Of course, I don’t smoke just for writing and editing. Basically, weed is a general pleasure drug for me, a mild, reliable way to get happy. Most things I enjoy I enjoy even more when I’m high, especially if they don’t require energy. So relaxing outdoors is especially good for me after smoking. I like being baked while I lie on the beach, being stoned when I stroll in a drizzle and being high when I walk in the sun upon new fallen snow.

Kayaking at sunset is reliably wonderful, but marijuana brings it to aesthetic and spiritual bliss. I paddle mainly in the calm harbor near my house, slowly, at the end of the day. Sometimes other boaters ask, “Are you as happy as you look?” and I always nod yes. Paddling like this is more meditation than sport. When people ask if kayaking is difficult, I sometimes say, “The hardest part is lighting the joint in the wind.”

I wonder if the harbor police have ever seen me hunched and struggling. Probably: when I wave my paddle at them, they do not wave in return.

I get high for many of the good things in life – and none of the bad. So the contention that getting high is an escape from one’s problems is irrelevant to me. I smoke to augment pleasure, not to dull pain.

Smoking makes me languorous and passive. That’s probably why I like weed so much. I tend to be a speedy person; pot calms and cocoons me. “Life is always a tightrope or a featherbed,” wrote Edith Wharton. “Give me the tightrope.” But I like pot because it brings me down from the wire and onto a pillow. It’s great as a calming agent after an ordeal, such as a rough drive home, and it’s a fine way to start the weekend.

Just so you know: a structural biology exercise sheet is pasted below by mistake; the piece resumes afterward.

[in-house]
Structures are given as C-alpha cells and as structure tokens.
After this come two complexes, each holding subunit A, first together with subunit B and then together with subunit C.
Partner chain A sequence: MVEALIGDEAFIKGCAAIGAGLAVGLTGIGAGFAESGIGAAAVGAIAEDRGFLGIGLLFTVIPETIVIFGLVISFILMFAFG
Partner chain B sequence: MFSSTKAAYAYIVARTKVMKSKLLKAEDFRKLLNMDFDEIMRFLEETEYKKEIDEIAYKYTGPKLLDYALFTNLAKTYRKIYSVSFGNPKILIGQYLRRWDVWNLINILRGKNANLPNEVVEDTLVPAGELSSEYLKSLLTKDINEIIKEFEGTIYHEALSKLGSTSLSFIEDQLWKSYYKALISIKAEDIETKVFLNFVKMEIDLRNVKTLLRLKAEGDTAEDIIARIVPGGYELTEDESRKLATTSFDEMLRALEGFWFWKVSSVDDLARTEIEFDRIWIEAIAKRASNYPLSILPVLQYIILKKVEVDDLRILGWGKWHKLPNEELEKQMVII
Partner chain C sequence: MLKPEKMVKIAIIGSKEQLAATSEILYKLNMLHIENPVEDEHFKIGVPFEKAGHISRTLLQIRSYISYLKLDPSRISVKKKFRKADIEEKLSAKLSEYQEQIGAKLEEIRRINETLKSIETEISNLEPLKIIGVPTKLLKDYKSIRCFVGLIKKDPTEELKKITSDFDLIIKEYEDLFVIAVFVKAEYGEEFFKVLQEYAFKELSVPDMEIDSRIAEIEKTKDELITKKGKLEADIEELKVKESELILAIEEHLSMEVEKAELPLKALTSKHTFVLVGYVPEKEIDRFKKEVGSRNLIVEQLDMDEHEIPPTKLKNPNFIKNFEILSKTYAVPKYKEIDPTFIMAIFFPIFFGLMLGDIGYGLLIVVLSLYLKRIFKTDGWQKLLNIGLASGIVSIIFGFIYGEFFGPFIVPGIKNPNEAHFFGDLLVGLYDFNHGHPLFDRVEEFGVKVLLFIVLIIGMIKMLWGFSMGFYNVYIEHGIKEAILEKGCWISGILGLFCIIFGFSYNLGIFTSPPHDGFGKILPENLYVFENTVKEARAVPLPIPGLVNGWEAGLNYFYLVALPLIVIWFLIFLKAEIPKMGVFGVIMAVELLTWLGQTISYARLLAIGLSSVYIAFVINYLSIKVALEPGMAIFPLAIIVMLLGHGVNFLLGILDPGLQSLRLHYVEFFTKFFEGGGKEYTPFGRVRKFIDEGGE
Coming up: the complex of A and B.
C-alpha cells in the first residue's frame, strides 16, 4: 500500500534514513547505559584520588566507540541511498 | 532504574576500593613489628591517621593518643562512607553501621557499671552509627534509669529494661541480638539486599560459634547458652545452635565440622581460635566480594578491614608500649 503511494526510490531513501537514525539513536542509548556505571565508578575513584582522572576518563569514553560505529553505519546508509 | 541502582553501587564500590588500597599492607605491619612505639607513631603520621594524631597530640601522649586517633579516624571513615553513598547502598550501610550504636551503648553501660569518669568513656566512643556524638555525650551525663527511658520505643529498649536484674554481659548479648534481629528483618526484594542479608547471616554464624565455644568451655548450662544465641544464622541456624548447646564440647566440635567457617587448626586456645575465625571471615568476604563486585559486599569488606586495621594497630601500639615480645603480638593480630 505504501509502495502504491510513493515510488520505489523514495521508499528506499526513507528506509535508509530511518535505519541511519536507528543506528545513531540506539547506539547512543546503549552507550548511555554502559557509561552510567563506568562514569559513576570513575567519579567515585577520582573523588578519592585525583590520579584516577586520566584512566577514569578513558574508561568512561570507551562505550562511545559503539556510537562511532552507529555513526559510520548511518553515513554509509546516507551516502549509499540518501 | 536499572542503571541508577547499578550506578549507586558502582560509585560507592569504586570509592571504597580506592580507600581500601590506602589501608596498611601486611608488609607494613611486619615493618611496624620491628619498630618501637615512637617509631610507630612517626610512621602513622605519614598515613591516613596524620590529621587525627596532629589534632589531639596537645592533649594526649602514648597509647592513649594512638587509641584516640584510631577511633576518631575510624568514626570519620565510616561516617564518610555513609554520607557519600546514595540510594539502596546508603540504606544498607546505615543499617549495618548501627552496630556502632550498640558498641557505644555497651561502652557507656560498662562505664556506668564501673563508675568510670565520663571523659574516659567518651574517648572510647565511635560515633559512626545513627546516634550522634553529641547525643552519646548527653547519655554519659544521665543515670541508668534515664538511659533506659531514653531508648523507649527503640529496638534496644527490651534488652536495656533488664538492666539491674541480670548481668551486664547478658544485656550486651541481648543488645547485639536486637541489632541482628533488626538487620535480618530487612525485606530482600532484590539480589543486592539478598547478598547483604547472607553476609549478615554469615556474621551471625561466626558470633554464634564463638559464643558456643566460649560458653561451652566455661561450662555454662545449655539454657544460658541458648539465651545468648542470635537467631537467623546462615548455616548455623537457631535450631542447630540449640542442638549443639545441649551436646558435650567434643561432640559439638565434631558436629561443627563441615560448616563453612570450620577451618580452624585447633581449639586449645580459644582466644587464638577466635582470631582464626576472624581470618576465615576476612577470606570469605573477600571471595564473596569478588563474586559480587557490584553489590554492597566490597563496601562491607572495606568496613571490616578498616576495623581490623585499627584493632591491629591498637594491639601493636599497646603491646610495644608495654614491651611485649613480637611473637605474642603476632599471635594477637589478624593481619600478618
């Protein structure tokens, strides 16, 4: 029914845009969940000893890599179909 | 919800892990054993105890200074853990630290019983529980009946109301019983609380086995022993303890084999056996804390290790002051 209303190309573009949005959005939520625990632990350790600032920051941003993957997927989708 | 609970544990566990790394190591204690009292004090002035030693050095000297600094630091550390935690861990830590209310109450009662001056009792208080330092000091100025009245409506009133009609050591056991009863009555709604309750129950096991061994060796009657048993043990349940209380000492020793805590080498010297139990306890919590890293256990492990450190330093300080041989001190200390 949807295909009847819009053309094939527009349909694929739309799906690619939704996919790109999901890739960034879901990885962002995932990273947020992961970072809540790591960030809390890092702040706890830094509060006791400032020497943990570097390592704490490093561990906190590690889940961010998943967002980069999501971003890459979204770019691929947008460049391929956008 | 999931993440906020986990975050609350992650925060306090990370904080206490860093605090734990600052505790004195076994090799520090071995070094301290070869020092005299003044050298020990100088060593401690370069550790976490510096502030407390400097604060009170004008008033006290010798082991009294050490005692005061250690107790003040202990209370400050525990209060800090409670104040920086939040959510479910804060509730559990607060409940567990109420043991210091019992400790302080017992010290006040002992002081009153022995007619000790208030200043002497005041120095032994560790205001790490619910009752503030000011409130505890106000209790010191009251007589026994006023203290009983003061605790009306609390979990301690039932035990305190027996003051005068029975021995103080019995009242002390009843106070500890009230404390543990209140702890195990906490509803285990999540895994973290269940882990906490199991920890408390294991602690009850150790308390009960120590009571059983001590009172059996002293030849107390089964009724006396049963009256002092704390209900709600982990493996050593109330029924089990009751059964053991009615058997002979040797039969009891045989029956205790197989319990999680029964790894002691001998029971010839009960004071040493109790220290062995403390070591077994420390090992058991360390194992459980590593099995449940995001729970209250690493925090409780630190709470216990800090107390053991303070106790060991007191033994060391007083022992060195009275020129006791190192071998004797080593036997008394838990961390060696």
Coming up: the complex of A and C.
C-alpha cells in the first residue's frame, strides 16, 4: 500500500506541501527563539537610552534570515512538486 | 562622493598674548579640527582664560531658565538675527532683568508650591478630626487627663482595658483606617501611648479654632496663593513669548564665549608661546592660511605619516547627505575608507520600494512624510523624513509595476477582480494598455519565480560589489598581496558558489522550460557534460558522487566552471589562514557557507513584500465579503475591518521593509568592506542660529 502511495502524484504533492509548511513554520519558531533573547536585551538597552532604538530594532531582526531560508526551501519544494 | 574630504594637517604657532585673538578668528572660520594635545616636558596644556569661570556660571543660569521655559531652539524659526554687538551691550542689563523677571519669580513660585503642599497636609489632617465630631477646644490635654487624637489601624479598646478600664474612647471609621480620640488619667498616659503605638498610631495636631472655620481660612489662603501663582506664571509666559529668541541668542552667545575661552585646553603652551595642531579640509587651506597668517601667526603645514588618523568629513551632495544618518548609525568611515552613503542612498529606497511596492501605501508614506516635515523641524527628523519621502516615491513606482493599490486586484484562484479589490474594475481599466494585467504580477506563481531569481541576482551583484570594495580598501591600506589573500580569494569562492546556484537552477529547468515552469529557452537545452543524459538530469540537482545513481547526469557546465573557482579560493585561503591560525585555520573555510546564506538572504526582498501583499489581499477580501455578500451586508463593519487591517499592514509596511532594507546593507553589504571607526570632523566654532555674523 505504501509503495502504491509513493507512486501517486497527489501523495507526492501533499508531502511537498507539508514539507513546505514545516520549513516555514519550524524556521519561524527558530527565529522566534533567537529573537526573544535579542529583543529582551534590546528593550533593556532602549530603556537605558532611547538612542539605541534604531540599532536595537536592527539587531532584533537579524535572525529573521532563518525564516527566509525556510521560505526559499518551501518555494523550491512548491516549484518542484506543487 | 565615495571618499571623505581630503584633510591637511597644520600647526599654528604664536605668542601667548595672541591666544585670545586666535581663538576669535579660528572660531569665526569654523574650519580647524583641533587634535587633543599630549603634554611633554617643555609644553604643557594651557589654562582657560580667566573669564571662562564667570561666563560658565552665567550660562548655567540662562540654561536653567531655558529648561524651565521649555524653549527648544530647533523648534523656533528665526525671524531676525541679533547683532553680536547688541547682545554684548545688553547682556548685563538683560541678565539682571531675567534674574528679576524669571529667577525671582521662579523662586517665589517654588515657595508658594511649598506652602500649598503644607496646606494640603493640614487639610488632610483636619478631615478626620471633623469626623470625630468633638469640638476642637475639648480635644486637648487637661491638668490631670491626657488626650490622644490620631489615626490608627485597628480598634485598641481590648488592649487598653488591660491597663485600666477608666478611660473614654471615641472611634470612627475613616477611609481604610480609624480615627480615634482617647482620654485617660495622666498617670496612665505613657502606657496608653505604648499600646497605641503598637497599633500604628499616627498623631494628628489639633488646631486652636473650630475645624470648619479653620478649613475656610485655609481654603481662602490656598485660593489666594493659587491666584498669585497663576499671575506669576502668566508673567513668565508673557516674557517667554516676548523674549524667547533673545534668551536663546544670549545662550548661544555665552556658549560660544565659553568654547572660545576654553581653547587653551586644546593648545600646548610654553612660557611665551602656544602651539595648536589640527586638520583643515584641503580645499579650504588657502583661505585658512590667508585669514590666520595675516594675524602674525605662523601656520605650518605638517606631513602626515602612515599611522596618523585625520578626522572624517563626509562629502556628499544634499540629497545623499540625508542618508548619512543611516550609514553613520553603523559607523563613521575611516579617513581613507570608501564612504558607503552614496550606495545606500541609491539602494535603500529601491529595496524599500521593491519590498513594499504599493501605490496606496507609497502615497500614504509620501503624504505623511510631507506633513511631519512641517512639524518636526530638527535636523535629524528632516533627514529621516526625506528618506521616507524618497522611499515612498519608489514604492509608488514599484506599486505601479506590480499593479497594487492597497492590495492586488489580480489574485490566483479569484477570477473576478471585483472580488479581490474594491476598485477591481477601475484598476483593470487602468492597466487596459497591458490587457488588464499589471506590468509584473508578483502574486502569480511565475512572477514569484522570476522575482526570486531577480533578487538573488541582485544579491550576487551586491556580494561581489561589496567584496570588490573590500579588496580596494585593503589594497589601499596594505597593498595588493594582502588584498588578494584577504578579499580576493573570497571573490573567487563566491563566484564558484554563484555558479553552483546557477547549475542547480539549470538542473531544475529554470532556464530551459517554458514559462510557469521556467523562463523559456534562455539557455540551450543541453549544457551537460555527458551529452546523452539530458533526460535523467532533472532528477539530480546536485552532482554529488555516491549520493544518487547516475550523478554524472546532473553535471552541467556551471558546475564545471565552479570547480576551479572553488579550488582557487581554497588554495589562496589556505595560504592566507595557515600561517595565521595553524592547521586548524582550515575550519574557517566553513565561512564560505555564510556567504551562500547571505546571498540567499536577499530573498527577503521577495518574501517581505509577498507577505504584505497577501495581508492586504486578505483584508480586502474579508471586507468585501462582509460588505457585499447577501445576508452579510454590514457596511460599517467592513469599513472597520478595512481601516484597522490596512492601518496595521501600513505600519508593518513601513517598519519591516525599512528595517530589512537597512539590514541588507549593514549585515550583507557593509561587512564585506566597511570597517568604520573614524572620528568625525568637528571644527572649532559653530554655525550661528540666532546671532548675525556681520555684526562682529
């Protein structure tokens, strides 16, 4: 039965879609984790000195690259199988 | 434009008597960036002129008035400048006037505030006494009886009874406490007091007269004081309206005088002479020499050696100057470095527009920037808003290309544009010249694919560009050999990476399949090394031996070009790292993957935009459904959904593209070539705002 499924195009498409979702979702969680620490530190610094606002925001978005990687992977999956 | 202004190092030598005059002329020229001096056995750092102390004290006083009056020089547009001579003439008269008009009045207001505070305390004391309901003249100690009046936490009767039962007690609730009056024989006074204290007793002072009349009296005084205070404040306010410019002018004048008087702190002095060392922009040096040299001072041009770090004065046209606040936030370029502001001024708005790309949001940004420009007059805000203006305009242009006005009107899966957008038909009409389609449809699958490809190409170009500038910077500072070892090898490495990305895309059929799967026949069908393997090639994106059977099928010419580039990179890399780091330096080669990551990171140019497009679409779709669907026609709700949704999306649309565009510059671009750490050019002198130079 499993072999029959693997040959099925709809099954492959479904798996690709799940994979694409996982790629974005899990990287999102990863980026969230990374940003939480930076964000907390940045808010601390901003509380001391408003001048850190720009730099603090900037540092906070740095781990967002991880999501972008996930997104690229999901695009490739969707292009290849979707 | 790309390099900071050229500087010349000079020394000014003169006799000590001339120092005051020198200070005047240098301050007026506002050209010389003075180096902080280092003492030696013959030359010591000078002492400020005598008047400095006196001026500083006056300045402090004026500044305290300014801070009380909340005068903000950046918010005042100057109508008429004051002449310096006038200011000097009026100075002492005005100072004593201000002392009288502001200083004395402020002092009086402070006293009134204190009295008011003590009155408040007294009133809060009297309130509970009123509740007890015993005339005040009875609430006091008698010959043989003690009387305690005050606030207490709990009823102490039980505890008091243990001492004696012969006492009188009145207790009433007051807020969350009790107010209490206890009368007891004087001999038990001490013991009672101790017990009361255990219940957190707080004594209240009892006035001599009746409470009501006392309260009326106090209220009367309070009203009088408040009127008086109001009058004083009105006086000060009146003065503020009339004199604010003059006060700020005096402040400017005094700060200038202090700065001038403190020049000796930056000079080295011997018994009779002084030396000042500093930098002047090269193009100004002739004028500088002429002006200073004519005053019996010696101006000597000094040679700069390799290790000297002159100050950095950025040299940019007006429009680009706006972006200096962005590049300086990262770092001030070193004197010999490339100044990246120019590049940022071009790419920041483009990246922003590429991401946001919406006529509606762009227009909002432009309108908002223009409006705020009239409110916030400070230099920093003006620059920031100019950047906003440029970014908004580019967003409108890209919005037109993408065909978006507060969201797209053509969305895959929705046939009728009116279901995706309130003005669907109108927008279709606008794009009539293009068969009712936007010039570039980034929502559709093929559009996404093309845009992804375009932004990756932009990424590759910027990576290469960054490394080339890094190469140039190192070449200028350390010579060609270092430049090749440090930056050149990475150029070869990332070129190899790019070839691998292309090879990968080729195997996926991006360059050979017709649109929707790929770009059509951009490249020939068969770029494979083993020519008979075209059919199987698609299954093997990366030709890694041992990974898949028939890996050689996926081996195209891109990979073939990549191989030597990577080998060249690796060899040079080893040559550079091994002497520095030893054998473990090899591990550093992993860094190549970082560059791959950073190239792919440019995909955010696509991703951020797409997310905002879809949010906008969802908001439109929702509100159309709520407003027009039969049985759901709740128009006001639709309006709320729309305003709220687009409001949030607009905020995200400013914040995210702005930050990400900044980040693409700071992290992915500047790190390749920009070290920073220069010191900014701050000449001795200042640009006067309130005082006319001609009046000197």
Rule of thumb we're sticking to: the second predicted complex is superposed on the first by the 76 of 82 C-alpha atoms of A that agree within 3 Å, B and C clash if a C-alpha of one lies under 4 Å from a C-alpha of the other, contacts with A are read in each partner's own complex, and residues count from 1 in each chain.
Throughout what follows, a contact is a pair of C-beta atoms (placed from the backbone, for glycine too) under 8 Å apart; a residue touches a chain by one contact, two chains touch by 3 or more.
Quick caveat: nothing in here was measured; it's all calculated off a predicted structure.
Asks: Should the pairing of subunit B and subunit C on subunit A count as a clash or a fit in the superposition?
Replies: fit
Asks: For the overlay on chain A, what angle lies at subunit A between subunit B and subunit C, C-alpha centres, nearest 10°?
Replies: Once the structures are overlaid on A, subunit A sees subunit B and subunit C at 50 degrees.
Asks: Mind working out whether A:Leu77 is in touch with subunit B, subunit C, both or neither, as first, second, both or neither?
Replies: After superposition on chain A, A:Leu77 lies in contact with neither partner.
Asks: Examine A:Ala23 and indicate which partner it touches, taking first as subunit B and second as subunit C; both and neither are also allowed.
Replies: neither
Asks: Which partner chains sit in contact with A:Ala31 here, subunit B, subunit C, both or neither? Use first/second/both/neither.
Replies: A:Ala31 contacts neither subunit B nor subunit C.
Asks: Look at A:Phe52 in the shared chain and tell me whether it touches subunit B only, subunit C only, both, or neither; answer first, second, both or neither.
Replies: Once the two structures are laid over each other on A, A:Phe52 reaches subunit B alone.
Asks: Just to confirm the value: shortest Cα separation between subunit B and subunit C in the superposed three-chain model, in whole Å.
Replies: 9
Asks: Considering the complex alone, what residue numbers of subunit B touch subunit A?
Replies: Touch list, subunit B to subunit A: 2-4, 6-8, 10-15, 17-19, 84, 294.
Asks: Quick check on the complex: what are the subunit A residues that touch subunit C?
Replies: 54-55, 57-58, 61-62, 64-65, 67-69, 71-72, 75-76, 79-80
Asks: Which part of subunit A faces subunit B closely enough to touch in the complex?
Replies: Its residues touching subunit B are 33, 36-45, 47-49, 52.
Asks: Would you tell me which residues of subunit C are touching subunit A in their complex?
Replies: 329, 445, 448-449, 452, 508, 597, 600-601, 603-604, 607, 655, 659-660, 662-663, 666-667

It opens the senses. There are three things people traditionally enjoy after smoking weed: listening to music, eating and making love. Perhaps pot lets one focus more fully on a single sense: when I’m high I feel I listen more attentively, more fully, with music pouring into my very soul. I love to hear Bach in a church, for the ambience and the acoustics, so just before the concert I’ll be sneaking around the perimeter of the church parking lot, or ducking between rows of cars, surreptitiously toking up before entering the space. I wonder if anybody smells marijuana on my hair or coat. I wonder if others are high, too. When I’m stoned, I like following instruments individually, first one, then another. Am I really hearing better? Who knows? I do feel I’m more in the moment.

When I’m high, my taste buds become exquisitely sensitive, and I appreciate food even more than usual. I am more attuned to its texture and flavor: I can taste the carrot in the sauce like following the bass in a song. I consider it a disservice to a fine restaurant to dine there without being high. Even on an ordinary weeknight, I usually smoke pot before dinner, the way others have a cocktail on returning home from work. Pot makes food tastes better: it’s my reward to myself as the cook.

Having sex is the third sacred thing to do stoned, at least for many. Skin becomes more sensitive, kissing more complex, anything oral more interesting and compelling. And the feet! When I’m high and my husband Mark squeezes my arches and pulls my toes, I’m in heaven.

Many philosophers feel that living in the moment is the key to happiness. That’s the premise of the mindfulness movement. And it’s the main reason why I love to smoke pot: it keeps me alive in the present.

I toke, therefore I tingle.

Catherine Hiller is an American author and filmmaker, best known for writing Just Say Yes: A Marijuana Memoir. John Updike described Hiller’s short story collection, Skin: Sensual Tales, as “good, brave and joyful writing.” Her forthcoming novel, The Feud, will be published by Heliotrope Books in Spring, 2018. Visit catherinehiller.net and marijuanamemoir.com to learn more, or follow her on Twitter at @edgycathy.